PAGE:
Reducing labor — Retailers routinely slash prices to move merchandise, which results in lower gross margins. Improving store level inventory accuracy and the amount of SKUs that can be read with item level RFID vs. the bar code, reduces labor for taking inventory and searching for products. As source tagging is broadly implemented, retail and manufacturer labor productivity will improve. The supplier will also have fewer order discrepancies to resolve along with order status.

Generating data to maximize programs — The market place is rapidly changing to direct marketing programs with a goal of driving store traffic. Retailers need accurate, real-time information to determine what promotions are working and which ones aren’t. Suppliers need this information to determine which marketing campaigns they will continue to fund. Retailer promotional programs represent about 25% of sales, so the impact can be substantial.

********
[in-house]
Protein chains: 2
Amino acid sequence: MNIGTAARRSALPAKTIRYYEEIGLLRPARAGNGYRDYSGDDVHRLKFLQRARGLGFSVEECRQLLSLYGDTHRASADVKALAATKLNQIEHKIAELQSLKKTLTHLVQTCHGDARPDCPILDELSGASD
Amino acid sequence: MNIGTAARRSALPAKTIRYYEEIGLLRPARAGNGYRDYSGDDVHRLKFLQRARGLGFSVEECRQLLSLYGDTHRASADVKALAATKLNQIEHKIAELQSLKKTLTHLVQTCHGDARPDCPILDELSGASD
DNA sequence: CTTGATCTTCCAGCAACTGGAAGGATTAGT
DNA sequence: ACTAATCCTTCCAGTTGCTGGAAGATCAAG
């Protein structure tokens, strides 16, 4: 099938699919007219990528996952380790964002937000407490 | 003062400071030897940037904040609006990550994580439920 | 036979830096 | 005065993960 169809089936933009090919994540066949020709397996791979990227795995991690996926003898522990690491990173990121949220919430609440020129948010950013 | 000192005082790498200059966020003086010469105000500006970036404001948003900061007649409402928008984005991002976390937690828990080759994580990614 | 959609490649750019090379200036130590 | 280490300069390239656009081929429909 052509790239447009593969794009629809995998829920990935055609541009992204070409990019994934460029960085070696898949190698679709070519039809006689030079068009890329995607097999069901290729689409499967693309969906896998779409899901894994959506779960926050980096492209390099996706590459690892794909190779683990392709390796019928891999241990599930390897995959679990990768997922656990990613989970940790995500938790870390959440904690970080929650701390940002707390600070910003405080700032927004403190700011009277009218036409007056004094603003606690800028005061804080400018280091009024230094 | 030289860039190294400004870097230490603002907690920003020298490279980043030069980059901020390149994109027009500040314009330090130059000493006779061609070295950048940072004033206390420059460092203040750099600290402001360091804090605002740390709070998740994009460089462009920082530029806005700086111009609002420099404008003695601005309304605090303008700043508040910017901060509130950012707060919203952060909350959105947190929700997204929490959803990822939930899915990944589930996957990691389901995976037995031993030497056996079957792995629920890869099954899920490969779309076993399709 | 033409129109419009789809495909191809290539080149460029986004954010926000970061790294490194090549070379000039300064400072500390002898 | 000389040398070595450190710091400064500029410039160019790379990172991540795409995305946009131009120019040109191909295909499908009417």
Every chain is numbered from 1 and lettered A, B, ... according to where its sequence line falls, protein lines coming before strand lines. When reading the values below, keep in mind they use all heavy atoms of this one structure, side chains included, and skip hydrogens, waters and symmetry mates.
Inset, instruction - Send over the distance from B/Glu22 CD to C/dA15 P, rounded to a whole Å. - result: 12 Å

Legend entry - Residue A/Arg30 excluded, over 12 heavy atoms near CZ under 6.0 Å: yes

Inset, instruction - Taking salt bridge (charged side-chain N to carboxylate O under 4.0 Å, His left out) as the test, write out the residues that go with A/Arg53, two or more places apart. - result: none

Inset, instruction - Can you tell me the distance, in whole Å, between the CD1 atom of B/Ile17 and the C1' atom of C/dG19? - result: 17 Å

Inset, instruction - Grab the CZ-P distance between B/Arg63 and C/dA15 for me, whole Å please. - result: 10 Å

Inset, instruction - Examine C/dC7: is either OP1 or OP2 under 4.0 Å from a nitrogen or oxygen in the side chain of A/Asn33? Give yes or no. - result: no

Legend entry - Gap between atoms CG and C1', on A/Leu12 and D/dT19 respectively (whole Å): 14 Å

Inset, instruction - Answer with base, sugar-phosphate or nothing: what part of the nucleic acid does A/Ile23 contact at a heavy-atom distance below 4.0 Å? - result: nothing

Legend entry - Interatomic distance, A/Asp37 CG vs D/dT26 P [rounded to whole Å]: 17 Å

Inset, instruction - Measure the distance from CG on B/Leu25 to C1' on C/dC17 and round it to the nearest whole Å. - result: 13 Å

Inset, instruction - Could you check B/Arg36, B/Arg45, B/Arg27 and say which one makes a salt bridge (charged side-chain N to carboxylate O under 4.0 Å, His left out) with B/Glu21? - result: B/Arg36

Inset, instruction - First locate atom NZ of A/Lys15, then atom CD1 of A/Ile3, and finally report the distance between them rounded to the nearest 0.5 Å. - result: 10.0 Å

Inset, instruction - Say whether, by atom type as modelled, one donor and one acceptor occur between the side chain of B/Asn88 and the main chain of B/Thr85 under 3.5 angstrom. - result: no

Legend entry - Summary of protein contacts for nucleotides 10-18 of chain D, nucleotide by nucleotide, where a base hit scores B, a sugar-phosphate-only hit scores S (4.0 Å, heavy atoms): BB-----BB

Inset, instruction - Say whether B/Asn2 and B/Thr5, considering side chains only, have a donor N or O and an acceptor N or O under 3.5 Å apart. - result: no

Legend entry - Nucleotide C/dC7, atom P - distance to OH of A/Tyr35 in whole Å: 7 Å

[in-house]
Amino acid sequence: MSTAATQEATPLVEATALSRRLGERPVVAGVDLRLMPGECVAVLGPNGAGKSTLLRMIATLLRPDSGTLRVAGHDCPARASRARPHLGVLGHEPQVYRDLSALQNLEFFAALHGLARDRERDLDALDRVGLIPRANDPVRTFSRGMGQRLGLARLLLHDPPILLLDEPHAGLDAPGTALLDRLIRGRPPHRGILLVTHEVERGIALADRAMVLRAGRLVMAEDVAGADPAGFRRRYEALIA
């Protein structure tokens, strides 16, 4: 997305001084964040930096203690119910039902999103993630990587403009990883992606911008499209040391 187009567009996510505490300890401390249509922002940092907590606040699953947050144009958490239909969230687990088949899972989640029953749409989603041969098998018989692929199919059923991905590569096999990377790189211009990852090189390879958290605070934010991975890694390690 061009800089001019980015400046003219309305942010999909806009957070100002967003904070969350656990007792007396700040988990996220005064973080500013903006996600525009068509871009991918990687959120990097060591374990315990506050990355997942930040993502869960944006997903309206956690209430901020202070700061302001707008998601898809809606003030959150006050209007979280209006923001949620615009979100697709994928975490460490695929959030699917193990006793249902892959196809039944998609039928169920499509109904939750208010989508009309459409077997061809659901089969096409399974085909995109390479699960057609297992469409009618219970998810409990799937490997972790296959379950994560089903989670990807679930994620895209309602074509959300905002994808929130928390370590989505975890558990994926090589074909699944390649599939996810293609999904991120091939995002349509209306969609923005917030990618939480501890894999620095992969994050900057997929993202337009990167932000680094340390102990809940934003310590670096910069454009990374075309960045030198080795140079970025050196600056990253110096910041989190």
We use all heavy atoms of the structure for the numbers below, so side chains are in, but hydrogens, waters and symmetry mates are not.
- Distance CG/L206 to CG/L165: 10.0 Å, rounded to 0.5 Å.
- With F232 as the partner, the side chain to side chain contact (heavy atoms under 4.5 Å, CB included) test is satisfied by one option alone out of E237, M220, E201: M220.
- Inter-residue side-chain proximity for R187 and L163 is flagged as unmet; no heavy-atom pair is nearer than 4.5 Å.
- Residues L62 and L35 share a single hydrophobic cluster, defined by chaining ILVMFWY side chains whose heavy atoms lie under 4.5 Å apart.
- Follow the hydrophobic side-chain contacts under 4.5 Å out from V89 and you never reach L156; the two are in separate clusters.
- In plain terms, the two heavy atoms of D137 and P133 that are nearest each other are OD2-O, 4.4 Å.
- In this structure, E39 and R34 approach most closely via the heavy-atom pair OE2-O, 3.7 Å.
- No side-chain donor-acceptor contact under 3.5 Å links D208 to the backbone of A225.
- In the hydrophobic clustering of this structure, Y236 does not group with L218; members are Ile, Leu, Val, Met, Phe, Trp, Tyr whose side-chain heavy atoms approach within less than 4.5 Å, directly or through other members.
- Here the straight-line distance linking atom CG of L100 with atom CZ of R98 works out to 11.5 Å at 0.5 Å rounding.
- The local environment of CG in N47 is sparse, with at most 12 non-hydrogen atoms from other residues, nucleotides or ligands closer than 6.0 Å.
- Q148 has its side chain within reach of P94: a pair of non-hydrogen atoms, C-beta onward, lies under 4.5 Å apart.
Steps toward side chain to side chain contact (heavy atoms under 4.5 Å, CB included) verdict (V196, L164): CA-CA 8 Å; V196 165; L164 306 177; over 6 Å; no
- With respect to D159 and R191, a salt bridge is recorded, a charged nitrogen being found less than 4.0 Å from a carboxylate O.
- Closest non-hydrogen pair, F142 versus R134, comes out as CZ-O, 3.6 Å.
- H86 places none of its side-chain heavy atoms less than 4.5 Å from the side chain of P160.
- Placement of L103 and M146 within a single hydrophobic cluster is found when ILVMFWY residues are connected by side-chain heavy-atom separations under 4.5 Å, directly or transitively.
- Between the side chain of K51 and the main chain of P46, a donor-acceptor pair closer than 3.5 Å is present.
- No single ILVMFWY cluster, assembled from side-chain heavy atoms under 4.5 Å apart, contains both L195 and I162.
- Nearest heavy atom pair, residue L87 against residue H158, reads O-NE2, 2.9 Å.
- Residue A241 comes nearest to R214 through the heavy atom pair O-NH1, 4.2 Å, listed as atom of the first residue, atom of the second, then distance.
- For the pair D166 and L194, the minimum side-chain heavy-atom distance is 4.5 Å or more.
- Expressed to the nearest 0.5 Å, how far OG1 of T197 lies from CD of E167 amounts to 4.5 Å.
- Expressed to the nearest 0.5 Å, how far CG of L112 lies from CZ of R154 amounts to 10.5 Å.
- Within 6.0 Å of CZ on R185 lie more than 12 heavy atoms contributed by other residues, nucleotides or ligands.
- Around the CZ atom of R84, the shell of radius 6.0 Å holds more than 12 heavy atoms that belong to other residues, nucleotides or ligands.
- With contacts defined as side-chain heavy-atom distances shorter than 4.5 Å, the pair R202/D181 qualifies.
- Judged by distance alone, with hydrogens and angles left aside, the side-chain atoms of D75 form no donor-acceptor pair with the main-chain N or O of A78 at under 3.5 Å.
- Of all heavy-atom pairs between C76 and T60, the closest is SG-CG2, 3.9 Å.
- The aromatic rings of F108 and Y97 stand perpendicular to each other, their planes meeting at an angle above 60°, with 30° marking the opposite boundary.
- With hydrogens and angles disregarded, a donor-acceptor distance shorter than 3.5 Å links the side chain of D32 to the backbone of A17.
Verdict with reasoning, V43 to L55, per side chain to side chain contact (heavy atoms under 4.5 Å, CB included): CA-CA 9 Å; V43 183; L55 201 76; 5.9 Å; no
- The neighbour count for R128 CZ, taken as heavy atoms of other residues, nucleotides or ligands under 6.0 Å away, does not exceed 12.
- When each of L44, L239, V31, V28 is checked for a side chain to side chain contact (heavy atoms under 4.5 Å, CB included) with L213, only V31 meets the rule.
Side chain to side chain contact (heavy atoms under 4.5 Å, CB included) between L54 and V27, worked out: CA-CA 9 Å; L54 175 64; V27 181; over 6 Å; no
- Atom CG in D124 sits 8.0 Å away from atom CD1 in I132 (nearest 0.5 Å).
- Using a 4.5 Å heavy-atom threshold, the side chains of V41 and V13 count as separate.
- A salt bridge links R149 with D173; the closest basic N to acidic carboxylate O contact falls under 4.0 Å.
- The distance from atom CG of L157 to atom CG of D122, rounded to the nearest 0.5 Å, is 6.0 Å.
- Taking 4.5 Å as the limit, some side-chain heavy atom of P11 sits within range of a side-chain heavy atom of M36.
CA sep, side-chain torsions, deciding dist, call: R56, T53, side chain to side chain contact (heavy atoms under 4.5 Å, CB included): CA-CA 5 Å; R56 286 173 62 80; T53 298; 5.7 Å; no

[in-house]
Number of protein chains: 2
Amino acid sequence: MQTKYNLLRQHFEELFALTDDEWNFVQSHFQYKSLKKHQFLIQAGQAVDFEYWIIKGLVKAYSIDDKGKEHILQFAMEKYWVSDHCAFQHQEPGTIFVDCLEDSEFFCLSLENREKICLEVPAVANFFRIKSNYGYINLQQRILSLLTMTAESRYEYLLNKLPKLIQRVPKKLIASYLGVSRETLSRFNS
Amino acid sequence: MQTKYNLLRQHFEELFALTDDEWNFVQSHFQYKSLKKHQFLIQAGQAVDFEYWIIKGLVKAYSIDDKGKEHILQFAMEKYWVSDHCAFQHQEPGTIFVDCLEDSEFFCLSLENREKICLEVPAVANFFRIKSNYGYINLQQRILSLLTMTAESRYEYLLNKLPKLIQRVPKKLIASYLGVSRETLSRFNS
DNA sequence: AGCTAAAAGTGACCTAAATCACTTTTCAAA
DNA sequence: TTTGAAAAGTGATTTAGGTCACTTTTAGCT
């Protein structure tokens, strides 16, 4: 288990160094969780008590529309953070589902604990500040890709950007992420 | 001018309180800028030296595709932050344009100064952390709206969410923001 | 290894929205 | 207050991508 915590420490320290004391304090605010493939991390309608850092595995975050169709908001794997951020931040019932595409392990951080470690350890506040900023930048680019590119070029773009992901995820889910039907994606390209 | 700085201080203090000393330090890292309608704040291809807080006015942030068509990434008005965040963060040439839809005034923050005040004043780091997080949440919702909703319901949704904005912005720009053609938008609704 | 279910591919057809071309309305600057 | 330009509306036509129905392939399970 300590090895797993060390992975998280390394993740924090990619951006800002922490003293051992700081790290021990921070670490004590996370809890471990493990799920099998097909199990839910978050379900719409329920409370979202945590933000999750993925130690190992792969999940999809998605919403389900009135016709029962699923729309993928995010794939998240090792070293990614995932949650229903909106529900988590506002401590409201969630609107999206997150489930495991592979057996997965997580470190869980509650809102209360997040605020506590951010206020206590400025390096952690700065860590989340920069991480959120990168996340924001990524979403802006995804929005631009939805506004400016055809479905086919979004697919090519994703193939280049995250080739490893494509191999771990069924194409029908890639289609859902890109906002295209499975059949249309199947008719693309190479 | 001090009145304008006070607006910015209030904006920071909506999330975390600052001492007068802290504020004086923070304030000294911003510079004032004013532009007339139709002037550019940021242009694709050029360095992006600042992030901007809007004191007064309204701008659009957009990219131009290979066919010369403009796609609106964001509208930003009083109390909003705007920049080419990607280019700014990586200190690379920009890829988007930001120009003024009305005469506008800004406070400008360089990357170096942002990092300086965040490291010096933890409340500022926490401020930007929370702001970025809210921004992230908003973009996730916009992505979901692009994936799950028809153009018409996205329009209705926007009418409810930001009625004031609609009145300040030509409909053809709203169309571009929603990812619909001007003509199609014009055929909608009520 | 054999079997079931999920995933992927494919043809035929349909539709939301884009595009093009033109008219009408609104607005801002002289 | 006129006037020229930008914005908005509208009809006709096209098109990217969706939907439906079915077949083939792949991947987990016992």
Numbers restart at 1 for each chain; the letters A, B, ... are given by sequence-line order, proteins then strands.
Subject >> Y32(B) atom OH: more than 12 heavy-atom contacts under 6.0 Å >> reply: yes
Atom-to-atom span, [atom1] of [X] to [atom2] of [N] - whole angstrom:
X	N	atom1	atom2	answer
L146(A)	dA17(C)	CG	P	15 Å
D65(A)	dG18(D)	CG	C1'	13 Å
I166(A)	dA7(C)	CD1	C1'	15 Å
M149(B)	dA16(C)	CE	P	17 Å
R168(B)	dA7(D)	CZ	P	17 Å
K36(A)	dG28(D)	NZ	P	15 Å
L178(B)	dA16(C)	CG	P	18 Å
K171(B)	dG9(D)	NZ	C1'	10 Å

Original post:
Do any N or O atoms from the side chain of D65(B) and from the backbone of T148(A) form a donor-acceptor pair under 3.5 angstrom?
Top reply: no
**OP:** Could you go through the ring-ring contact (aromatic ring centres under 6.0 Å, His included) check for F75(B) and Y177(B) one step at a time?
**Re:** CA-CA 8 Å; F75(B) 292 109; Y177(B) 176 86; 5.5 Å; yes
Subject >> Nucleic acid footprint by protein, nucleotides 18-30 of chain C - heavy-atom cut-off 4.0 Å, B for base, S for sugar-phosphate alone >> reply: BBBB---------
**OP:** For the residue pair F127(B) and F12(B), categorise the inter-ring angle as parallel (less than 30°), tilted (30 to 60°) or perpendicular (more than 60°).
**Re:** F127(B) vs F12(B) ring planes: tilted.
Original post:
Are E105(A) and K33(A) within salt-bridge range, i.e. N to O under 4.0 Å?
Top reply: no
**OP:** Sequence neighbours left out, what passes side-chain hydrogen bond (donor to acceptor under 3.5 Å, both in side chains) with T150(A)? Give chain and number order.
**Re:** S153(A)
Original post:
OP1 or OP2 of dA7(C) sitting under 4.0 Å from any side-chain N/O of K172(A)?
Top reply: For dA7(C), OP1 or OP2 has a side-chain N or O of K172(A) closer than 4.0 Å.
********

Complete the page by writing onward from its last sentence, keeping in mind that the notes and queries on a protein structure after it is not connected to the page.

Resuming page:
Preserving brand integrity — Counterfeiting is a significant problem, estimated to be at $1 trillion worldwide. It erodes brands and margins, and causes confusion in the market place. Consumers don’t know if they are buying legitimate branded products. Item level RFID, with GS1US EPC enabled serialization, is the one approach that can comprehensively address this challenge.

Consumer satisfaction — Harvard Business School research has consistently found that when a product is out of stock, the interested customer is highly unlikely to return to that outlet, but will shop for the product in another store. Research by the University of Arkansas found that the retailers participating item level RFID pilots each saw in increase in sales as a result of having product in stock (about 6%).